Специальный суд по Косово — новый орган международного уголовного правосудия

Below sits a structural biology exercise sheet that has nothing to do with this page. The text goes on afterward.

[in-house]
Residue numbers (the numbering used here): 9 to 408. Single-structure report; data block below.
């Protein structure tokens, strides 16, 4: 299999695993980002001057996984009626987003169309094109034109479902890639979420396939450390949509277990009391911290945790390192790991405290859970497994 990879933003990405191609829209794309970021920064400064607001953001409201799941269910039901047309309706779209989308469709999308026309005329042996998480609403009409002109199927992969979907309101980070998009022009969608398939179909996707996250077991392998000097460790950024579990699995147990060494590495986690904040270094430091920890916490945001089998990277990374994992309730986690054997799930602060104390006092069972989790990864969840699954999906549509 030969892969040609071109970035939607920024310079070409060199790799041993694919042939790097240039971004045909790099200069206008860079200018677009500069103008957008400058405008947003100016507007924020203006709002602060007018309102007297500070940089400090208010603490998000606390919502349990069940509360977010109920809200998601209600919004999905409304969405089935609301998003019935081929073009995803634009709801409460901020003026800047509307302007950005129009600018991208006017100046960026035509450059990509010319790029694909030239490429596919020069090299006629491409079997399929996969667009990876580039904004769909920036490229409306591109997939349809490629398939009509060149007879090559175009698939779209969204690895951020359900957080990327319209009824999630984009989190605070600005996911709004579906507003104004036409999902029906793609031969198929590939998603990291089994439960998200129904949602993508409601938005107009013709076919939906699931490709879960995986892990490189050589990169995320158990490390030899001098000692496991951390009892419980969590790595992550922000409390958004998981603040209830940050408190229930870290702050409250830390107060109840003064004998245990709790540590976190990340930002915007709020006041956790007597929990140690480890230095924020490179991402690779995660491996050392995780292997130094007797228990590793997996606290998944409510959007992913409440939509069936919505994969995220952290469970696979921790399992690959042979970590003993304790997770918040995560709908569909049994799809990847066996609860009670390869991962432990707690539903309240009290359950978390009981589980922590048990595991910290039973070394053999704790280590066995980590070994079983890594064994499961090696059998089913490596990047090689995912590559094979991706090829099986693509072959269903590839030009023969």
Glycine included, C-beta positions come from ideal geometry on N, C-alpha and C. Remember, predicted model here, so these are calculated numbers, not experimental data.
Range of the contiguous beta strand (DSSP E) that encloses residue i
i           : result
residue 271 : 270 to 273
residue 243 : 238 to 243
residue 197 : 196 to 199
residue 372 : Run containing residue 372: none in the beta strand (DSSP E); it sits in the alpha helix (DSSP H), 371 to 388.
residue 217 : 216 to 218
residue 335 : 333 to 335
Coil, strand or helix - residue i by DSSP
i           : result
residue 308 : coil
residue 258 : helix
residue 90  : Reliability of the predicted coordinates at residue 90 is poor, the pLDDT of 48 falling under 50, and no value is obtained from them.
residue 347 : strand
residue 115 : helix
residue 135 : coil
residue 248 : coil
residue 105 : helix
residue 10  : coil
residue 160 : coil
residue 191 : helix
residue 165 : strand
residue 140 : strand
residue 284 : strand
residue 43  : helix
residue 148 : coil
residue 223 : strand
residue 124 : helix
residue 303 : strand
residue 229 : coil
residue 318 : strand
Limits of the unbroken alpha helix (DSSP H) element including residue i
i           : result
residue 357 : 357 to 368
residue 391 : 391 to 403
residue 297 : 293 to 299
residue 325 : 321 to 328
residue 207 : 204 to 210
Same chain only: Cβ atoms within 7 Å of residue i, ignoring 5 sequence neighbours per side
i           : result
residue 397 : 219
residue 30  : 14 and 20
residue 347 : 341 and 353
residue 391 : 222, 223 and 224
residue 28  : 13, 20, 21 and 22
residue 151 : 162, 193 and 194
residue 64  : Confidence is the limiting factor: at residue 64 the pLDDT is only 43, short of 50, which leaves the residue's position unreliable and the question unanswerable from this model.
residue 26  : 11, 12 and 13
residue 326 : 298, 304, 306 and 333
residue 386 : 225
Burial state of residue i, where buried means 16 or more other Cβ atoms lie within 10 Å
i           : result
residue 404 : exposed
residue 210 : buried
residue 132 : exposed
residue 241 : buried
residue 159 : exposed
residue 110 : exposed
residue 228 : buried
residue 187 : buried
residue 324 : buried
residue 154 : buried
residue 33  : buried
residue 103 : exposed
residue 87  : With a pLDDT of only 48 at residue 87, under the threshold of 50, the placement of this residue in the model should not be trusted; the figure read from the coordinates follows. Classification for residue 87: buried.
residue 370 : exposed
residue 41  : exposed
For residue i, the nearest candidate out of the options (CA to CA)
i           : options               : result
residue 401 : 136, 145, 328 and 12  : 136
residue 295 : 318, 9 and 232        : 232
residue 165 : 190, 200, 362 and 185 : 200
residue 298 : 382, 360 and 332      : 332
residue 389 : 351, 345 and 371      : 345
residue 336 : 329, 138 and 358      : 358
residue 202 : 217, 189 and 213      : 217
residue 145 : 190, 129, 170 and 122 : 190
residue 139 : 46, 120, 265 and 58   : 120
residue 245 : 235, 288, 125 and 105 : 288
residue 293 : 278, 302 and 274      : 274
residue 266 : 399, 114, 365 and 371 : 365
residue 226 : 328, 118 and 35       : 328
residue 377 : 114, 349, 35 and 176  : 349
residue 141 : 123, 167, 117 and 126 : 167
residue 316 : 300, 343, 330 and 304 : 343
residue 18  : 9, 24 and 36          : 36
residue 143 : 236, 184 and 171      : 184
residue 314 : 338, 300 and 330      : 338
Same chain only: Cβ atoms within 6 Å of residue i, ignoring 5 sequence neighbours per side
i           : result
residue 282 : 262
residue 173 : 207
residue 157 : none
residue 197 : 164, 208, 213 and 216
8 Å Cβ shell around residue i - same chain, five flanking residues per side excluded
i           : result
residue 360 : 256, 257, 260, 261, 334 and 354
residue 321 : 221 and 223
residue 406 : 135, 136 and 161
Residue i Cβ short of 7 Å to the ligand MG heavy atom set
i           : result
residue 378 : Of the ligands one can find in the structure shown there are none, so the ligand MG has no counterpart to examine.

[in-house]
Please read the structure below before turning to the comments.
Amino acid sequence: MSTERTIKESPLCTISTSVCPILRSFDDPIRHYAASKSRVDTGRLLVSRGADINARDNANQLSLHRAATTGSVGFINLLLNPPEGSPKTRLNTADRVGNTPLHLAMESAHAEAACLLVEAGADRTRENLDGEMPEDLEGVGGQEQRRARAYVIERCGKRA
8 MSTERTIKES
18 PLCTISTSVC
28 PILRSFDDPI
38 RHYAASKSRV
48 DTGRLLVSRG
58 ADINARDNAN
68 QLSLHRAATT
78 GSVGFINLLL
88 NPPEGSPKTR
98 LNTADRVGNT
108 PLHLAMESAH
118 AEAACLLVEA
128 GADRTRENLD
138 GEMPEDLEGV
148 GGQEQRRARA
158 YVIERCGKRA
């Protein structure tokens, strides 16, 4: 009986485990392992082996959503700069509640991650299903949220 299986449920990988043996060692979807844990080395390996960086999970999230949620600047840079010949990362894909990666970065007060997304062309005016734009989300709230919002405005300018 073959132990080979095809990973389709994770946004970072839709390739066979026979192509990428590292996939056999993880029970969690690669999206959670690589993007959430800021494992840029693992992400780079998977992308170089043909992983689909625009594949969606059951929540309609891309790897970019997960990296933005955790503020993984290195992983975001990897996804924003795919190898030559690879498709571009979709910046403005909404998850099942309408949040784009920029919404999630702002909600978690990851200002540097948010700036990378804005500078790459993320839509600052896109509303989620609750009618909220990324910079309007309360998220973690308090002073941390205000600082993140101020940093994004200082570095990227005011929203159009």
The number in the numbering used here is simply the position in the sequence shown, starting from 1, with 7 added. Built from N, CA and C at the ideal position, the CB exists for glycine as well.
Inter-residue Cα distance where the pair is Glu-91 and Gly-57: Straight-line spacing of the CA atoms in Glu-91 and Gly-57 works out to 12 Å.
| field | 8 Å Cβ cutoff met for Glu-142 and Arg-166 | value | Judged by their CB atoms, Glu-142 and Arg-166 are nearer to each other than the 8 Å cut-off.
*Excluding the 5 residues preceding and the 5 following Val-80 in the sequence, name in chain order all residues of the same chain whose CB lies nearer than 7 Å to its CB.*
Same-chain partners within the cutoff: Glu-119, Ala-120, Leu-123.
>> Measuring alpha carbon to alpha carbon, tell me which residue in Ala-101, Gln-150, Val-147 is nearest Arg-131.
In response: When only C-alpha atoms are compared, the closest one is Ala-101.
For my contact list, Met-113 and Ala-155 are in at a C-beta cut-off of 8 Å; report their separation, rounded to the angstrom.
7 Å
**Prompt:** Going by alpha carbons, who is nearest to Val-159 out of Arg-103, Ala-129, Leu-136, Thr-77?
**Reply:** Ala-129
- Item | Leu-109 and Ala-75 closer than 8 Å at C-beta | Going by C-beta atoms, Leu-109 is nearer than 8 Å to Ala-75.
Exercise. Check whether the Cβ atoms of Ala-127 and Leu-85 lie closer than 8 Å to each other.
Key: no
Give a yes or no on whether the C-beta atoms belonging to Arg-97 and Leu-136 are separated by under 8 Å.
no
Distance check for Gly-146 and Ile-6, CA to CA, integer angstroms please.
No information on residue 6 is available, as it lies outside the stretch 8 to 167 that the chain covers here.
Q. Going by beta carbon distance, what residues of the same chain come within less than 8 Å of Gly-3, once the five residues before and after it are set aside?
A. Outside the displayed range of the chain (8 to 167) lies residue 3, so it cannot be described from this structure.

This article discusses various issues related to the functioning of the Kosovo Specialist Chambers and Specialist Prosecutor’s Office: the prerequisites for their creation, the thorny path of their formation, the legal basis for their activity, and the procedural and practical features of their work. The authors briefly consider the experience of the International Criminal Tribunal for the former Yugoslavia regarding crimes committed on the territory of the then-Yugoslav province of Kosovo. In particular, some data are provided on the numbers of investigated and eventually criminally prosecuted Kosovo Serbs and Kosovo Albanians, as well as the challenges of investigations against currently active political leaders who enjoy popular support in Kosovo. Further, an overview is offered of criminal cases currently being considered by the Specialists Chambers, including those against the former President and the Speaker of the Parliament of the “Republic of Kosovo”. The article also considers various particular political aspects which are inseparable from international criminal justice in general, as well as from these Chambers, and have great influence on its procedures. The article emphasizes that the Kosovo Specialist Chambers is a hybrid (internationalized) court that radically differs from preceding international juridical bodies. In particular, only international judges take part in its activities; it is located not in the capital of this post-conflict territory, but in the Hague; and national authorities do not have the burden of financing its actions. The personal composition of the Specialist Chambers is separately considered, with the biographies of its judges being briefly analyzed. Also, an overview of the procedural specificities of its investigations, including detention and cooperation with Kosovan law enforcement authorities. In addition, the article highlights the paradoxical situation where representatives of the international community, working under the auspices of the EU, had to apply the Criminal Code and the Constitution of a partially recognized state-like entity to the extent that these do not contradict general international law. This article also describes a novelty that was introduced in the Chambers, namely creation of the position of Ombudsman, designed to protect the rights of the employees and other persons involved in its activities. In conclusion, the authors note that it is too early to draw conclusions regarding the worthwhileness of creating this body and regarding its effectiveness.